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Writ Jurisdiction - Short Note

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The Supreme Court under Article 32 and the High courts under Article 226 of the Constitution can issue the writs of 
  1. habeas corpus, 
  2. mandamus, 
  3. prohibition, 
  4. certiorari and 
  5. quo-warranto.

Habeas Corpus
The Latin meaning of the word ‘Habeas Corpus’ is ‘To have the body of.’ This writ is used to enforce the fundamental right of individual liberty against unlawful detention. Through Habeas Corpus, Supreme Court/ High Court orders one person who has arrested other person to bring the body of the latter before the court.
Facts -
  • Supreme Court or High Court can issue this writ against both private and public authorities.
  • Habeas Corpus can not be issued in the following cases:
  • When detention is lawful
  • When the proceeding is for contempt of a legislature or a court
  • Detention is by a competent court
  • Detention is outside the jurisdiction of the court
The literal meaning of this writ is ‘We command.’ This writ is used by the court to order the public official who has failed to perform his duty or refused to do his duty, to resume his work. Besides public official, Mandamus can be issued against any public body, a corporation, an inferior court, a tribunal or government for the same purpose.
Facts -
  • Unlike Habeas Corpus, Mandamus cannot be issued against a private individual
  • Mandamus can not be issued in the following cases:
  • To enforce departmental instruction that does not possess statutory force
  • To order someone to work when the kind of work is discretionary and not mandatory
  • To enforce a contractual obligation
  • Mandamus can’t be issued against Indian President or State Governors
  • Against the chief justice of a high court acting in a judicial capacity
The literal meaning of ‘Prohibition’ is ‘To forbid.’ A court which is higher in position issues Prohibition writ against a court which is lower in position to prevent the latter from exceeding its jurisdiction or usurping a jurisdiction that it does not possess. It directs inactivity.
Facts -
  • Writ of Prohibition can only be issued against judicial and quasi-judicial authorities.
  • It can’t be issued against administrative authorities, legislative bodies, and private individuals or bodies.
The literal meaning of the writ of ‘Certiorari’ is ‘To be certified’ or ‘To be informed.’ This writ is against issued by a court higher in authority to a lower court or tribunal ordering them either to transfer a case pending with them to itself or to squash their order in a case. It is issued on the grounds of an excess of jurisdiction or lack of jurisdiction or error of law. It not only prevents but also cures for the mistakes in the judiciary.
Facts -
  • Pre-1991: The writ of Certiorari used to be issued only against judicial and quasi-judicial authorities and not against administrative authorities
  • Post-1991: Supreme Court ruled that the certiorari can be issued even against administrative authorities affecting the rights of individuals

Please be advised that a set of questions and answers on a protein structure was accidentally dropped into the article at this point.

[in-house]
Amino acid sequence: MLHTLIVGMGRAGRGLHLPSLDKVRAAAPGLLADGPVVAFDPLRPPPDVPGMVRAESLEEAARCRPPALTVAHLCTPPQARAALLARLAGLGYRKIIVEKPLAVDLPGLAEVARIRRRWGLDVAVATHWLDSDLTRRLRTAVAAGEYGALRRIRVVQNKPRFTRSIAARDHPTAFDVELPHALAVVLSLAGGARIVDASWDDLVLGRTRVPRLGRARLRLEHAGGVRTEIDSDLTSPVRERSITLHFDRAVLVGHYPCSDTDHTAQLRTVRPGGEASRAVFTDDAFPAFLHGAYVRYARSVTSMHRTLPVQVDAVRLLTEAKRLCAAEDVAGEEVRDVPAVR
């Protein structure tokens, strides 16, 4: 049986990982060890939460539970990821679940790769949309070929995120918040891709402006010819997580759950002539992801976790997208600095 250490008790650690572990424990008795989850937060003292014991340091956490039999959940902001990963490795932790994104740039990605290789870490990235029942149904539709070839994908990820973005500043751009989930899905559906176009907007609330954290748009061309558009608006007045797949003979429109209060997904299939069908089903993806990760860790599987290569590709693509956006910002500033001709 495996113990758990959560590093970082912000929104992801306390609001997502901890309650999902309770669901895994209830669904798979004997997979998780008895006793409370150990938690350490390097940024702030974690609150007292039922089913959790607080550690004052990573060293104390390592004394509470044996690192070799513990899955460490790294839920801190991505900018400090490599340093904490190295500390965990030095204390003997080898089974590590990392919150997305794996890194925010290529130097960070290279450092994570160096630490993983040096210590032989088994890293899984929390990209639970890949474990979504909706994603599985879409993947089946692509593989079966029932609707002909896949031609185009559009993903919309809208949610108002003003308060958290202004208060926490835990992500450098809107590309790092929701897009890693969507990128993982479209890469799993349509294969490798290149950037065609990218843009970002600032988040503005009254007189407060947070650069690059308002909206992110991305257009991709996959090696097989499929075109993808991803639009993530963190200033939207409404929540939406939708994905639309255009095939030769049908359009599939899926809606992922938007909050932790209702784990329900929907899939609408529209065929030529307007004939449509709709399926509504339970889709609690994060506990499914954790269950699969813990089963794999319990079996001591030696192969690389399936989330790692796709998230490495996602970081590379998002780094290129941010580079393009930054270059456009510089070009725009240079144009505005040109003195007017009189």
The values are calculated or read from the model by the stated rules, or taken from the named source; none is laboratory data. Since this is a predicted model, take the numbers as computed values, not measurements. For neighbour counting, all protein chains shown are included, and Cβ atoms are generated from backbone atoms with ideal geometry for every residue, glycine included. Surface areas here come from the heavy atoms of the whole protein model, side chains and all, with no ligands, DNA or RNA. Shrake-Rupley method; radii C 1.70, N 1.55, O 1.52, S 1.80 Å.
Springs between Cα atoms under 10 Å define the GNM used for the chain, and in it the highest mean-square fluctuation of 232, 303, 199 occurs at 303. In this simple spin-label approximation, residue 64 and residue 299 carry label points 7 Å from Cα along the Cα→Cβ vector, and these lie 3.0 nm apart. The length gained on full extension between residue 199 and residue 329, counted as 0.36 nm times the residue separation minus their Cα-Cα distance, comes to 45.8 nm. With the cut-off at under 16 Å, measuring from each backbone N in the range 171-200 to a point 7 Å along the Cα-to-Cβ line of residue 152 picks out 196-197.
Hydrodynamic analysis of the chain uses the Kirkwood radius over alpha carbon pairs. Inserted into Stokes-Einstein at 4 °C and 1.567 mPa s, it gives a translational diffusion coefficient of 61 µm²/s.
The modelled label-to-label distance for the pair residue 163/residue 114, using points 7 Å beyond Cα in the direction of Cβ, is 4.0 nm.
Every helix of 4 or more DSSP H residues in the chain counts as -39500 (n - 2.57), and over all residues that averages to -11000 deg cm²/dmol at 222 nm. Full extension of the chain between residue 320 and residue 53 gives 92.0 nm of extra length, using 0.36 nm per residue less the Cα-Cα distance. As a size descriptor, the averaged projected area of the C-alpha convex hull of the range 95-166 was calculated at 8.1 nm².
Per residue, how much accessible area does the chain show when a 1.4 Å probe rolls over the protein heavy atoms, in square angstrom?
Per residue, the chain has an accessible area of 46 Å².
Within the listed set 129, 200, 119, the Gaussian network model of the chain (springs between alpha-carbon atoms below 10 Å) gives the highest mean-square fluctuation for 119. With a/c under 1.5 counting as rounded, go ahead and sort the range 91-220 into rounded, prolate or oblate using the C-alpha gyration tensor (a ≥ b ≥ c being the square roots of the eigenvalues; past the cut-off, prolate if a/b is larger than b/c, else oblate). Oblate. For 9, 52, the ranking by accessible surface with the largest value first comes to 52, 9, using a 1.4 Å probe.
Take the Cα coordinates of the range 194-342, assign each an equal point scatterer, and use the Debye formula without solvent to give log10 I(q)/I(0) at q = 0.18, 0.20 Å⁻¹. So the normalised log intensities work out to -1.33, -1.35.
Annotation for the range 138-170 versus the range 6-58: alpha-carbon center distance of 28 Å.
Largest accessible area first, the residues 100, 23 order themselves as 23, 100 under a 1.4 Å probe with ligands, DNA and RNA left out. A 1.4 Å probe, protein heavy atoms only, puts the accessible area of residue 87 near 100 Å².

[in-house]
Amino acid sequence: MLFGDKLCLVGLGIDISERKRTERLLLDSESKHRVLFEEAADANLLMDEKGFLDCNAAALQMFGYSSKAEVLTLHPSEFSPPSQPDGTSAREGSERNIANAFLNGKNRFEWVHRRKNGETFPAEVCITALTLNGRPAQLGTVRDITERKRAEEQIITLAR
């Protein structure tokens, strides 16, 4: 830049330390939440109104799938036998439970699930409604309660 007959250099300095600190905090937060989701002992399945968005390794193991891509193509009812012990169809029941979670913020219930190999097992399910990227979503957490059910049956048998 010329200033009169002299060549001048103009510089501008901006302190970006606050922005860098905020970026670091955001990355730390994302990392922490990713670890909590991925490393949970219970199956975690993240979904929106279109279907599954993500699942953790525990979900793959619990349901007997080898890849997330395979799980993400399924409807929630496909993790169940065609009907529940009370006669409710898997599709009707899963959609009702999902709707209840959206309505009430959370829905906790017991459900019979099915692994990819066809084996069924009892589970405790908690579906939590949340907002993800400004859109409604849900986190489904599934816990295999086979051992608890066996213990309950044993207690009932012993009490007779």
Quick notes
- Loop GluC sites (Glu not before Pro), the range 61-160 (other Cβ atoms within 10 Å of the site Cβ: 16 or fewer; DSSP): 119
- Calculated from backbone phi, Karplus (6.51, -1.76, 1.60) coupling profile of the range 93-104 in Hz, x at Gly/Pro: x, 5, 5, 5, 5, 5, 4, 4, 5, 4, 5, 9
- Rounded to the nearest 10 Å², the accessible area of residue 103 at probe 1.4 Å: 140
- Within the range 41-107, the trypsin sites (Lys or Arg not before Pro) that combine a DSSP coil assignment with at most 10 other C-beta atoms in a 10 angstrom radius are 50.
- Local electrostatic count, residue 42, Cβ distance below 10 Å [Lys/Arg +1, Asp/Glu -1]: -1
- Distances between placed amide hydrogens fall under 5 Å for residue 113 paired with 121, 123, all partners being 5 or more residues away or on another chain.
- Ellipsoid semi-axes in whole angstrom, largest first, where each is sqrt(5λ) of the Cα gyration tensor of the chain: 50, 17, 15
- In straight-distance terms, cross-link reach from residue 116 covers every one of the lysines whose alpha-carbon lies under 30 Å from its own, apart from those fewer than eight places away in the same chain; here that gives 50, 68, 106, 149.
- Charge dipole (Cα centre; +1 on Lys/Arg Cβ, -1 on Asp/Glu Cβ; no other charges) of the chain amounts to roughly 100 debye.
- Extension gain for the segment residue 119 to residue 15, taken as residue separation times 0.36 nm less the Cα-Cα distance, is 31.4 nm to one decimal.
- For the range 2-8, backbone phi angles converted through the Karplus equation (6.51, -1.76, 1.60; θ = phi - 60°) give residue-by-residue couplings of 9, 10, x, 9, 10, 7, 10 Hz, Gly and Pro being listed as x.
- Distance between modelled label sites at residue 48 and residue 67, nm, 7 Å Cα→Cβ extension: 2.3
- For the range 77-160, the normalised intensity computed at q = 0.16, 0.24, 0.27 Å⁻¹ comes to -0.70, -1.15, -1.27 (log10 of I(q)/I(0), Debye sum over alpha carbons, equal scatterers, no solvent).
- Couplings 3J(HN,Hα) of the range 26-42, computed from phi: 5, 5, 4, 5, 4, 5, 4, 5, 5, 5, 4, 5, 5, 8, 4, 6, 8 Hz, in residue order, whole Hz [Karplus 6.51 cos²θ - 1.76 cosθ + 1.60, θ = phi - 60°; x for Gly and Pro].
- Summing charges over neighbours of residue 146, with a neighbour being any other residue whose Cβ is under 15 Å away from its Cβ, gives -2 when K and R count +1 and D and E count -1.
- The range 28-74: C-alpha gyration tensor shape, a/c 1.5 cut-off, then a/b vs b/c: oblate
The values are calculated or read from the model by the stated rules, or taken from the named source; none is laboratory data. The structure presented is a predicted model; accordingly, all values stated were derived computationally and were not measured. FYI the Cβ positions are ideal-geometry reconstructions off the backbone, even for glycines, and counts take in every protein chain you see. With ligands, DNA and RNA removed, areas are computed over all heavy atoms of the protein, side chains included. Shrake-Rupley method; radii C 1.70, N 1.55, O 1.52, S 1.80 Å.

• It cannot be issued against legislative bodies and private individuals or bodies.
The literal meaning of the writ of ‘Quo-Warranto’ is ‘By what authority or warrant.’ Supreme Court or High Court issue this writ to prevent illegal usurpation of a public office by a person. Through this writ, the court enquires into the legality of a claim of a person to a public office
Facts -
  • Quo-Warranto can be issued only when the substantive public office of a permanent character created by a statute or by the Constitution is involved
  • It can’t be issued against private or ministerial office
Note: This writ gives the right to seek redressal to any individual other than the aggrieved person.
General Facts about Writs
  • Article 32 also empowers Parliament to authorize any other court to issue these writs
  • Before 1950, only the High Courts of Calcutta, Bombay and Madras had the power to issue the writs
  • Article 226 empowers all the high courts of India to issue the writs

Writs of India are borrowed from English law where they are known as ‘Prerogative writs’

The Parliament under Article 32 can also empower any other court to issue these writs. However, no such provision has been made so far.

Difference in writs of Supreme Court and High court. The Supreme Court can issue writs only for the enforcement of fundamental rights whereas a High court can issue writs for the enforcement of Fundamental Rights and also for an ordinary legal right.

The Supreme Court can issue writs throughout the territory of India whereas a High court can issue writs within its territorial jurisdiction.

The remedy under Article 32 is in itself a Fundamental Right and hence, the Supreme Court may not refuse to exercise its writ jurisdiction. On the other hand, a remedy under Article 226 is discretionary and hence, a High court may refuse to exercise its writ jurisdiction.  The Supreme Court is thus constituted as a defender and guarantor of the fundamental rights.

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